Business

Miss Conduct

Mad Men at work: Managing the rumor mill

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How workplace communication is supposed to happen.

“What did Caroline say?” -- Dawn

“They’re making lists. Somebody’s not going.” -- Shirley

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“The last thing they need is another office manager.” -- Dawn

“Or another black girl.” -- Shirley

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“What is going on? There are rumors flying like bats around here!” -- Meredith

Mergers and acquisitions! Headhunters and career planning! The importance of names and branding! The Glen Coe Massacre! Last night’s “Mad Men” was fabulously rich in business content, a veritable MBA buffet of case-studiable material.

The main plot of the episode was McCann Erickson’s decision to absorb the Sterling Cooper & Partners subsidiary into its own organization. SC&P would lose its offices, its autonomy to run its business processes its own way, and a fair amount of administrative staff: its culture, in other words. The SC&P secretaries are worried about losing their jobs; the account reps and creative are worried about losing everything they like about their jobs.

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Rumors fly like bats indeed. No wonder Meredith was conspicuously shot next to a “World’s Most Accurate Timepiece” ad — twice a day, that stopped clock is dead accurate!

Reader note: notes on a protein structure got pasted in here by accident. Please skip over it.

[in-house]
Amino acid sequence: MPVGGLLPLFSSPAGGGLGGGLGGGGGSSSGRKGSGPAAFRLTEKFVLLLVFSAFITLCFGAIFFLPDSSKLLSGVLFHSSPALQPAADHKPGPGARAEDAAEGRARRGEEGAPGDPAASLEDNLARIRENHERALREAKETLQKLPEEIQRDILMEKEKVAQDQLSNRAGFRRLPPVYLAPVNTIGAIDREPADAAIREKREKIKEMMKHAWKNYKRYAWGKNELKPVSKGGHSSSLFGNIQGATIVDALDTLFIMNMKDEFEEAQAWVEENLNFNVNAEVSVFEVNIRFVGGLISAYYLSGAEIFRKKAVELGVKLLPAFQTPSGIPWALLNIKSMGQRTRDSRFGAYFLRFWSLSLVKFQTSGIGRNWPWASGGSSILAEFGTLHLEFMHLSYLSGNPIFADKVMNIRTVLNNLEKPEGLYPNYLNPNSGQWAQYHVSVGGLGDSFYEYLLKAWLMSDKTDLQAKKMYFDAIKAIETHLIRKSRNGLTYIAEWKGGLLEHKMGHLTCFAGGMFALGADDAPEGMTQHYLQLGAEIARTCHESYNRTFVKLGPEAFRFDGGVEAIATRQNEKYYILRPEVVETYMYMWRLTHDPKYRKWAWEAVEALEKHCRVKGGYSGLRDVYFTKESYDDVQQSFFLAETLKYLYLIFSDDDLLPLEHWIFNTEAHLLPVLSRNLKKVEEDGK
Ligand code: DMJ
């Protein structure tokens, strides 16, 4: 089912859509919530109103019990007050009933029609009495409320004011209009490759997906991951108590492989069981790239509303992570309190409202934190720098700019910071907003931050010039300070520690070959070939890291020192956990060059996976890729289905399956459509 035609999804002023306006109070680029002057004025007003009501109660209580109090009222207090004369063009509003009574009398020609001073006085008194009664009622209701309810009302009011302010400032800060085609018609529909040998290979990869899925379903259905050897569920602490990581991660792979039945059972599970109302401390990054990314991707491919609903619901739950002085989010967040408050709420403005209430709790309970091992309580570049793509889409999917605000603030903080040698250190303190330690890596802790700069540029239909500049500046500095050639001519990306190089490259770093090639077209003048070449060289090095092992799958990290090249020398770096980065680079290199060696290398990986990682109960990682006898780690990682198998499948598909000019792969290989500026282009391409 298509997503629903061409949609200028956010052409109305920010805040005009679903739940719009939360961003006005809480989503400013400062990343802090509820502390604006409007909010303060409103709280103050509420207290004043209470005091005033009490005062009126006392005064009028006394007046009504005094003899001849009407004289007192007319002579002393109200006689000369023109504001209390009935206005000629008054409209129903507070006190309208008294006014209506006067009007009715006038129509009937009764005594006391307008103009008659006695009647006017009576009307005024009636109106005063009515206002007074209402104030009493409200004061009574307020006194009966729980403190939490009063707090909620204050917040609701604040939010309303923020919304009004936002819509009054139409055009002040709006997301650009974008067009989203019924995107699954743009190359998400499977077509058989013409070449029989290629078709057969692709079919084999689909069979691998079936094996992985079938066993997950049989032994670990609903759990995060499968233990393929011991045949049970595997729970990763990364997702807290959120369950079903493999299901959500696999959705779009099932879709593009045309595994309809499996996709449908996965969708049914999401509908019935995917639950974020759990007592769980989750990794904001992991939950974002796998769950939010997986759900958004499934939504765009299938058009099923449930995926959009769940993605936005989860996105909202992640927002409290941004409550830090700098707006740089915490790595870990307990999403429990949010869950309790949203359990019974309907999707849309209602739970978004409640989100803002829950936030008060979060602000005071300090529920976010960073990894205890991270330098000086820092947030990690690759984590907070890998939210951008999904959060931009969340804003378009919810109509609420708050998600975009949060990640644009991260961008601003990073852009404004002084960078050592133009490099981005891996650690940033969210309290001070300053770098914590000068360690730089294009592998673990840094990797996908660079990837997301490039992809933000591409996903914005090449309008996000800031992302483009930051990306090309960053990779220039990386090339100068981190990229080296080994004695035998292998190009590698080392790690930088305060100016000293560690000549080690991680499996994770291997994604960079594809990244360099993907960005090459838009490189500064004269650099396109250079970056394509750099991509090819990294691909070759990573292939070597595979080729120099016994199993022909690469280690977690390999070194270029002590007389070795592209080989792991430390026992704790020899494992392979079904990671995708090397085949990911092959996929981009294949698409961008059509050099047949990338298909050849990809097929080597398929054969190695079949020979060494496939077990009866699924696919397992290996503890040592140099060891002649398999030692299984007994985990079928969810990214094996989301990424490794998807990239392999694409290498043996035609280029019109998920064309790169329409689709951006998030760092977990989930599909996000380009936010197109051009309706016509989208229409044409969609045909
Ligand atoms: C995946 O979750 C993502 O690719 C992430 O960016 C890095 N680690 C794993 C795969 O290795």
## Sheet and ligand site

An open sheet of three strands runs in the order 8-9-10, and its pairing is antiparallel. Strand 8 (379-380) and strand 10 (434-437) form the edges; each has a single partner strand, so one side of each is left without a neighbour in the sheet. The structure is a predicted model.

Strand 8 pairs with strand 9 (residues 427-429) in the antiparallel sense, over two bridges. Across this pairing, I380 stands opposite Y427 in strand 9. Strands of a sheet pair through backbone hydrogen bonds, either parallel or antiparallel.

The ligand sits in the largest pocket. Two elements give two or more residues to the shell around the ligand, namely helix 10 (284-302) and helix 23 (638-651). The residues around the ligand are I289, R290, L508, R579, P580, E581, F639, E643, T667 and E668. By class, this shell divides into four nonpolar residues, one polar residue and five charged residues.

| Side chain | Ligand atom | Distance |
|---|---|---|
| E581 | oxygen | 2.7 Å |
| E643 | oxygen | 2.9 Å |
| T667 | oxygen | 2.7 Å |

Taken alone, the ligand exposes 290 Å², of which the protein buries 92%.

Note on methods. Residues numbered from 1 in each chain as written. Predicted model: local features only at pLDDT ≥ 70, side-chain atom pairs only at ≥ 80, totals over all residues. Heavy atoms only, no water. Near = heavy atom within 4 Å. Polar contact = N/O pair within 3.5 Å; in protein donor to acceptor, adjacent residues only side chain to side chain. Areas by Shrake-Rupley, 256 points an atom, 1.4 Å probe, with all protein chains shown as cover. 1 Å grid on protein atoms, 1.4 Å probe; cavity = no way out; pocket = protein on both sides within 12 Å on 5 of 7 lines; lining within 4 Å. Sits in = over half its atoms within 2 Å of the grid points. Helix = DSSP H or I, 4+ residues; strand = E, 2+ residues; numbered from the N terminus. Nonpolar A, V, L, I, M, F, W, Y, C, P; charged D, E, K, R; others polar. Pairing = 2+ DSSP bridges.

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How workplace communication really happens.

“Gossip” and “rumor” have seedy connotations. Yet gossip — the sharing of social information — is a fundamental human activity. Robin Dunbar, an anthropologist and evolutionary psychologist at Oxford University, suggests that gossip may well be the driving force of the evolution of language. You can point at a mastodon and grunt; explaining to Og that Ooonga is going to take way more than his share of mastodon meat if you let him requires words. Attempts to eliminate gossip and rumors in the workplace are nearly always fool’s errands.

Managing them isn’t, though, and Joan as usual models outstanding workplace etiquette. McCann Erickson — whom loyal viewers have been conditioned to hate — starts the situation by breaking SC&P’s lease in the Time Life building without informing SC&P in advance. Its lack of message discipline creates an immediate atmosphere of distrust; it also clues in lower-level employees (the administrative staff who handle the mail and rent payments) before the partners find out. Trying to rescue the situation, Joan swears the secretaries to secrecy and forces Roger to tell all the partners at once, himself — not a task conflict-averse Roger relishes. (On the other hand, while on-topic gossip is inevitable and can be a force for good, sexual gossip in the workplace is never beneficial, and Roger has been managing to keep the juicy secret of his affair with Marie Calvet under wraps, so let’s give him props for that.) At the end of the episode, Don announces the change to the staff in one of his classic “drowning in champagne” monologues … only to be thoroughly ignored as the secretaries, copywriters, and junior reps talk amongst themselves.